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March 24, 2009
A concentrated turmeric-based product sold by a California company into Europe via Sweden has caused numerous liver-related adverse events, and has prompted a health warning in the UK. The product, non-steroidal anti-inflammatory pain reliever branded as Fortodol or Leppin Miradin, contains the drug nimesulide, which is associated with hepatoxicity, especially in children under 12 and the elderly.
The California company that exported the product to Sweden, Donsbach, is associated with Kurt Donsbach, who has long been scrutinized and prosecuted for making unsubstantiated medical claims for his products, smuggling unapproved drugs into the United States, and failing to pay taxes on the profits made from selling them. Donsbach also founded a 'holistic hospital' in Mexico.
The situation highlights what some consider an Achilles heel of the supplements industry. Attorney Marc Ullman of Ullman Shapiro & Ullman, a New York firm that represents companies dealing with FDA violations, says, "Any time something like this happens there is the potential for 'bad' fallout. It will further tarnish the reputation of US supplements as unregulated and potentially unsafe, and could even cause certain countries to impose import restrictions on them."
Walter Postelwait, vice president of marketing and sales for BI Nutraceuticals, a worldwide supplier of herbs for the supplement and functional-foods industry, agrees. "The supplement industry in the US is very fragile. The general public in North America doesn't fully understand the issues around supplements and believes the government oversight alone makes these products completely safe. The regulations in place in DSHEA, the cGMPs, and the oversight by the FDA do provide the proper guidelines and structure to properly regulate our industry. The challenge is the FDA's resources to inspect and enforce all of the guidelines. With the new stimulus they received recently under the new administration, it is my hope their inspections and enforcement of the regulations will increase dramatically."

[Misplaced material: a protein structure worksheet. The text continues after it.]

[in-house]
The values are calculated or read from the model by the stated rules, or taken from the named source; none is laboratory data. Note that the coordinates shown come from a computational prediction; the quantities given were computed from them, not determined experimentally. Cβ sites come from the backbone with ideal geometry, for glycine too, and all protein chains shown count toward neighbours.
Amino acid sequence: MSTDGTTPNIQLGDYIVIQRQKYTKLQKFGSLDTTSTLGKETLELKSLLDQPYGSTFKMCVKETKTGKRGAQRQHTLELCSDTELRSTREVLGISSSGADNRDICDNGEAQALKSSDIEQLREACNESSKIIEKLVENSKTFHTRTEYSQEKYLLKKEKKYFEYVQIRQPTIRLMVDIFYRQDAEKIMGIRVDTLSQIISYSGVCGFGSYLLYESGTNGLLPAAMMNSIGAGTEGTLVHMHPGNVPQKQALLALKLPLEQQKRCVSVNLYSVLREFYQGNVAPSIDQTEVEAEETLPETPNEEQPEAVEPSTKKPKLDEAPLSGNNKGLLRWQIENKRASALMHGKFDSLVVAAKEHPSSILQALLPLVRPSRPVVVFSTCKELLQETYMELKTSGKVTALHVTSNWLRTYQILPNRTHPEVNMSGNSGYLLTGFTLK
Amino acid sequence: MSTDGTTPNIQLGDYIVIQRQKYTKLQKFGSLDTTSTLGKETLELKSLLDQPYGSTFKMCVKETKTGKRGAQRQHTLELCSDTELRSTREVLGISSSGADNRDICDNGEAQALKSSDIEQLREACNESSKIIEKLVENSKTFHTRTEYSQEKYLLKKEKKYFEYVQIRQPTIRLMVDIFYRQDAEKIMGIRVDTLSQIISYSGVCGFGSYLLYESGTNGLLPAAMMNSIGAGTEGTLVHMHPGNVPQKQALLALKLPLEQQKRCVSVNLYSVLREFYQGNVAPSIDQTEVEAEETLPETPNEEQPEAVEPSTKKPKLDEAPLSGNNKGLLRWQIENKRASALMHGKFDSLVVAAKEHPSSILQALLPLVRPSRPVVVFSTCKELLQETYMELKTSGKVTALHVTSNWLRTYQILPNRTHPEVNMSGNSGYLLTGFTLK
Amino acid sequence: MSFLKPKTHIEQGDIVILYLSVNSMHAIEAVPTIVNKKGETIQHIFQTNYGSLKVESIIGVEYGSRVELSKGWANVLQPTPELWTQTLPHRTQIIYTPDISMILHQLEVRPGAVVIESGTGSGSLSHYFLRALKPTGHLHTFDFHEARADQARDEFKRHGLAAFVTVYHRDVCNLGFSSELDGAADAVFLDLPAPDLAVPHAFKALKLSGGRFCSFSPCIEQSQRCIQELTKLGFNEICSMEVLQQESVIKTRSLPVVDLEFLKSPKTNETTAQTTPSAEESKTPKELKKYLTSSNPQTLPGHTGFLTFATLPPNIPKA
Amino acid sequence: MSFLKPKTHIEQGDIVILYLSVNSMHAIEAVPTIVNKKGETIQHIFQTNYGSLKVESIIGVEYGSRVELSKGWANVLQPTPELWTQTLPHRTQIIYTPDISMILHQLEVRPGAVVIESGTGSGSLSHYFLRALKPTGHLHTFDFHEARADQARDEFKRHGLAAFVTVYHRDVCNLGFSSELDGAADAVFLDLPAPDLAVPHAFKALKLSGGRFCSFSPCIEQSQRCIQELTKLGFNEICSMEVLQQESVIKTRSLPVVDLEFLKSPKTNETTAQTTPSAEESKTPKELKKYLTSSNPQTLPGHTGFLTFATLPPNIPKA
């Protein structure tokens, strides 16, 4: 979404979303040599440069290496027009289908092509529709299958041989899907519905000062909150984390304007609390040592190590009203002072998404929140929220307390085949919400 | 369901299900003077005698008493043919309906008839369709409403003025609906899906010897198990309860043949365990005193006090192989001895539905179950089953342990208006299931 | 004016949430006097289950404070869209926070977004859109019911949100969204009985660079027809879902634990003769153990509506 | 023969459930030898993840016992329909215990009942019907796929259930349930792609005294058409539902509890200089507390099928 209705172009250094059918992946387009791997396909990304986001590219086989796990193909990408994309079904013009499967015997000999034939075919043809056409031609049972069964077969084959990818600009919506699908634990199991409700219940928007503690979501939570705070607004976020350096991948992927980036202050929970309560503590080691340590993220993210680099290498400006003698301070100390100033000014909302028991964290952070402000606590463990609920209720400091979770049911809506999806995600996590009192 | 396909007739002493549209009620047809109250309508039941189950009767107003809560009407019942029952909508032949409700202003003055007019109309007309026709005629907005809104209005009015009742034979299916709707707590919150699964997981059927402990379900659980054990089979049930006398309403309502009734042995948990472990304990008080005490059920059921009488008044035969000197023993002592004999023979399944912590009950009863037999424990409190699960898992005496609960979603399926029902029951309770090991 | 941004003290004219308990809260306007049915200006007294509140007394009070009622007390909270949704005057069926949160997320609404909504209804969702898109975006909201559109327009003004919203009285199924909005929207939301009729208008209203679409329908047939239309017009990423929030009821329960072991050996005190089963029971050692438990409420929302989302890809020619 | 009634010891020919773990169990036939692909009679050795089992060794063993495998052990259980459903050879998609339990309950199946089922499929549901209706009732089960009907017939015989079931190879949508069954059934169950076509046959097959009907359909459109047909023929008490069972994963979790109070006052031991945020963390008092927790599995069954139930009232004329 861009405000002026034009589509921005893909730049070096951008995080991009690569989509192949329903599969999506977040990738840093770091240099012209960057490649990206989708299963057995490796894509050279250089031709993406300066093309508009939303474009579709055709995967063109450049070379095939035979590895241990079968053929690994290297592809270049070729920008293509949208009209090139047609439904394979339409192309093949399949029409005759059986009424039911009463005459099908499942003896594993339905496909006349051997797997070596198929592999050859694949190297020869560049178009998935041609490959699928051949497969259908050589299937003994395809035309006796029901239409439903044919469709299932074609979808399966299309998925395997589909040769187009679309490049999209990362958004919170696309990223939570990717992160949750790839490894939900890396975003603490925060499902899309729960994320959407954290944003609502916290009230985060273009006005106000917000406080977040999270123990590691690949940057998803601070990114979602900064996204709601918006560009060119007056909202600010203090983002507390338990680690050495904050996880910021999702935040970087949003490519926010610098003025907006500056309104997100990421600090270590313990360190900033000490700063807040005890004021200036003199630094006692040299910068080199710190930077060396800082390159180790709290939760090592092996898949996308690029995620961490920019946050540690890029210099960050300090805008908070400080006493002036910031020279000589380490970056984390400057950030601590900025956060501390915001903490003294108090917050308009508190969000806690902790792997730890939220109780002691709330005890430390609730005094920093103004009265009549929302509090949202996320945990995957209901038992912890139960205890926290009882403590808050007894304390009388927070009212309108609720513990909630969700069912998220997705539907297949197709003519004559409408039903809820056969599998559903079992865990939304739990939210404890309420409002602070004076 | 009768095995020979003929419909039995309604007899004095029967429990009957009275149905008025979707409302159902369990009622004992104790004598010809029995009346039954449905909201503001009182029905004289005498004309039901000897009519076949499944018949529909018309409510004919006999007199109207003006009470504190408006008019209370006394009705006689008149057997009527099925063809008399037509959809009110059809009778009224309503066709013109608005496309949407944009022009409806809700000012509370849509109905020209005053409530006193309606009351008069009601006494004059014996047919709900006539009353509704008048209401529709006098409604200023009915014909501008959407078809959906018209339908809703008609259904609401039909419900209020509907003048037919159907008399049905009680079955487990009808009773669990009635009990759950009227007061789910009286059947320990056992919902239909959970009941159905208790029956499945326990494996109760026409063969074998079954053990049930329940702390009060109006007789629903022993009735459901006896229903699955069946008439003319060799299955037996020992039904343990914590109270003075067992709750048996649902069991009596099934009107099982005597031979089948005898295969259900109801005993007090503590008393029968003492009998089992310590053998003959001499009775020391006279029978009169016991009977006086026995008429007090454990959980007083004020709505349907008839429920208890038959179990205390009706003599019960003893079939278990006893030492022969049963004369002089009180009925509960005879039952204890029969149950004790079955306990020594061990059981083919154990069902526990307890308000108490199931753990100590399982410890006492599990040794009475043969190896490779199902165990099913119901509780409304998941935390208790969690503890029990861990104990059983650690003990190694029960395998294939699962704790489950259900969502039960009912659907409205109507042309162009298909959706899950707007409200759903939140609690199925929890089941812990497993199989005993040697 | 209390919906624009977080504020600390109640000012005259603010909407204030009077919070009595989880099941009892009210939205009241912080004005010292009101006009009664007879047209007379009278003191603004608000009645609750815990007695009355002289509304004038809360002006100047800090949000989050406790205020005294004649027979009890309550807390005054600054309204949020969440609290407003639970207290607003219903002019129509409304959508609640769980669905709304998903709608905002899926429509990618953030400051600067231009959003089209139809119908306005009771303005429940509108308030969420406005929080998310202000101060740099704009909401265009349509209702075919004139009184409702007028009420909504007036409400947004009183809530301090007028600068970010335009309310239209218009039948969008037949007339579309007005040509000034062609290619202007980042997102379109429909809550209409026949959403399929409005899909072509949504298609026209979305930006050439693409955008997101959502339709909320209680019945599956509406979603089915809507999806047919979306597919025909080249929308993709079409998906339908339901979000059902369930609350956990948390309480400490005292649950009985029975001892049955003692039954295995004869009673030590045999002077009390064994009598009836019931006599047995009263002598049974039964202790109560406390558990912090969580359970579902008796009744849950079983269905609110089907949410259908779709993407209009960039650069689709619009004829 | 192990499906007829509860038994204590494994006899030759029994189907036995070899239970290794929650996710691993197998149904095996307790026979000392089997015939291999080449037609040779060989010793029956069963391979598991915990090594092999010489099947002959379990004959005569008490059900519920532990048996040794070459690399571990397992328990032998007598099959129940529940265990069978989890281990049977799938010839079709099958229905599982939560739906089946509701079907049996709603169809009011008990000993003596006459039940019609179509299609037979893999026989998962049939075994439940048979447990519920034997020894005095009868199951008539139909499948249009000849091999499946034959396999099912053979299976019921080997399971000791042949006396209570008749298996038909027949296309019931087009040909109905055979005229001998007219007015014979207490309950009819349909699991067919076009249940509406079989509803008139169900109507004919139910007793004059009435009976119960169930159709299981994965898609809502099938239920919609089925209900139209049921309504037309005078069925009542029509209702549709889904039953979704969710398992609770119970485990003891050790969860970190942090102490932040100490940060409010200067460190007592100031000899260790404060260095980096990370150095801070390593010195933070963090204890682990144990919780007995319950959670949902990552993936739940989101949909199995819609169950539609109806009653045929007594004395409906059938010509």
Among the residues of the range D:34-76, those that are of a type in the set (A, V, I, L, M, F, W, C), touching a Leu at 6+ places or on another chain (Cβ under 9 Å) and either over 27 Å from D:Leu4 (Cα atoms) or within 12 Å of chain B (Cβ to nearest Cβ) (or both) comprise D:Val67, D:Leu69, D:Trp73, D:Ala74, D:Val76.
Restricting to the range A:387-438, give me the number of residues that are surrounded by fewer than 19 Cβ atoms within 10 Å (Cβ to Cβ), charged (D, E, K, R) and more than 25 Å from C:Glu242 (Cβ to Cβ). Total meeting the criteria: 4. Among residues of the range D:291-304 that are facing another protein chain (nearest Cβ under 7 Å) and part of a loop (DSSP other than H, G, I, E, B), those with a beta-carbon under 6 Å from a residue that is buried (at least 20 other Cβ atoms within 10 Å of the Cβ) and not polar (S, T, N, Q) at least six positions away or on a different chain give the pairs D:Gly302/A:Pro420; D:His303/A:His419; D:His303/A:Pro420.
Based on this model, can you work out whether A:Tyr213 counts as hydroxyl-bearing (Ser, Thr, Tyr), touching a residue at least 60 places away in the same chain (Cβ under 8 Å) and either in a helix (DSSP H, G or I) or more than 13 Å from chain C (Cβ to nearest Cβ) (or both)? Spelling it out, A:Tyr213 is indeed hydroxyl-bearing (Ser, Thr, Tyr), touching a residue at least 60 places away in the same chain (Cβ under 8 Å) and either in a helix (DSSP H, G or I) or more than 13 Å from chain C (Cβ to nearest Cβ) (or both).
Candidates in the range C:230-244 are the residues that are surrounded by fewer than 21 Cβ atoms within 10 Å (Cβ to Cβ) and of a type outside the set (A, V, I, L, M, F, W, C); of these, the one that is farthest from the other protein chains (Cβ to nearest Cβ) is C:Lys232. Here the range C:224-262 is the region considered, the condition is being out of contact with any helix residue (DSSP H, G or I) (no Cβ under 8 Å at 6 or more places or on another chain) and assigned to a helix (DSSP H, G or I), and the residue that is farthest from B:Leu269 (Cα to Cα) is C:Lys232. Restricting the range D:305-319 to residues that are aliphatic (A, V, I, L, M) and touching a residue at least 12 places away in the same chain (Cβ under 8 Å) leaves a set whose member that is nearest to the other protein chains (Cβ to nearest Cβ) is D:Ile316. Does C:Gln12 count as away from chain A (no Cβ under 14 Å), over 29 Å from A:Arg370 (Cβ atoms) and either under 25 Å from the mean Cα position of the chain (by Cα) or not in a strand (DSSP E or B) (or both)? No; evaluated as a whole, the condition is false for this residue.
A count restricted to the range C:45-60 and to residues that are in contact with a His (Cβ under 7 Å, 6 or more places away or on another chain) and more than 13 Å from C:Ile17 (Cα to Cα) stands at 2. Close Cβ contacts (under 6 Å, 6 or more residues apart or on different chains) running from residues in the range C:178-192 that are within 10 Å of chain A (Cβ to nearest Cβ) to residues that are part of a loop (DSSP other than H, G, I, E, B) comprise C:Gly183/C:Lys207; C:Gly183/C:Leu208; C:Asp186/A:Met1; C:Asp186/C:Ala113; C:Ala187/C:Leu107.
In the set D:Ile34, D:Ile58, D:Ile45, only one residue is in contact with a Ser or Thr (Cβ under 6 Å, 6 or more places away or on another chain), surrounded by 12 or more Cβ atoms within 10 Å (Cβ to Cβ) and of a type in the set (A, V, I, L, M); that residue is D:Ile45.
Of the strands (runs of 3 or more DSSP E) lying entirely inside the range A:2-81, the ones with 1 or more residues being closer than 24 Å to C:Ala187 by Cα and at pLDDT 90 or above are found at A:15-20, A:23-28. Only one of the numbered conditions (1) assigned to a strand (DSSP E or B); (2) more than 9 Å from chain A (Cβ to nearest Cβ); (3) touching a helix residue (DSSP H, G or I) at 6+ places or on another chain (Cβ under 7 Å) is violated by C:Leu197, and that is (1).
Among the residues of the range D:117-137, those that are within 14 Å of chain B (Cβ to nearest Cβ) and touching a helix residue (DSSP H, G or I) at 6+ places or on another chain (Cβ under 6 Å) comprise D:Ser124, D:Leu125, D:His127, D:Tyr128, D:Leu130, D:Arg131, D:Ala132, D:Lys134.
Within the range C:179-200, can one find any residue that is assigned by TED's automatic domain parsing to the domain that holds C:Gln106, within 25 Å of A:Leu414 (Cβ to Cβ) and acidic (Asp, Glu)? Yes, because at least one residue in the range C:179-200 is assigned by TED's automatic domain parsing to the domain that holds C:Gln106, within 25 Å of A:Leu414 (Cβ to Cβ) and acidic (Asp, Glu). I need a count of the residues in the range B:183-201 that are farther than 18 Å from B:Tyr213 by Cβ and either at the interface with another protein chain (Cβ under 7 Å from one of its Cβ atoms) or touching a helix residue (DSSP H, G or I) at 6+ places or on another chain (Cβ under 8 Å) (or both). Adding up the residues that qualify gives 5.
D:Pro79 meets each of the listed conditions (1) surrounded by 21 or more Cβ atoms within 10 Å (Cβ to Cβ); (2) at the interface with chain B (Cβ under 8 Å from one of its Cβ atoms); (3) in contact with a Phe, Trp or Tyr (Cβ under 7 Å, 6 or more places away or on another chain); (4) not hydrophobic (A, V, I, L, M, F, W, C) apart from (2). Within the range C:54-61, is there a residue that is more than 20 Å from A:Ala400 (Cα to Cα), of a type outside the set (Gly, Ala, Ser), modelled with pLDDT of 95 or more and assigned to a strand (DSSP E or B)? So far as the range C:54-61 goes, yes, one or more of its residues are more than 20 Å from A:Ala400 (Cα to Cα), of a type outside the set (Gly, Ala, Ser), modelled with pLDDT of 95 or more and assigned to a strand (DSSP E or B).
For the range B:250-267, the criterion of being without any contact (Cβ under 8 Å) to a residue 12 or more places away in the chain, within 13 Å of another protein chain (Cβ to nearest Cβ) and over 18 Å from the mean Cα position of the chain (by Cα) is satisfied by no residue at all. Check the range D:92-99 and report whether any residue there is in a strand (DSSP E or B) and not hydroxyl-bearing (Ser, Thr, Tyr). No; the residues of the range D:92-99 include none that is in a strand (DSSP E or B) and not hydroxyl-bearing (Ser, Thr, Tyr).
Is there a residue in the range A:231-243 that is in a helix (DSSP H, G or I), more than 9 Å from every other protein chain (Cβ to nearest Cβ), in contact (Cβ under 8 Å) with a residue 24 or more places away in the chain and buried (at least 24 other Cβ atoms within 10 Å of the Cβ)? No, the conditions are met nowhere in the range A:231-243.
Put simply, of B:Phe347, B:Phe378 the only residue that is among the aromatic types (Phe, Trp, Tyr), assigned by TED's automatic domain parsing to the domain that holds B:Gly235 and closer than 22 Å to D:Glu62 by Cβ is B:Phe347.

A warning about the product was issued by the Food Standards Agency following warnings issued by the Swedish Medical Products Agency about cases of liver damage among Swedish patients who have taken Fortodol. To date, eleven reports of liver damage possibly linked to Fortodol are under investigation in Sweden. Reportedly, five more cases, including a death, have been reported to the Norwegian Medical Products Agency.
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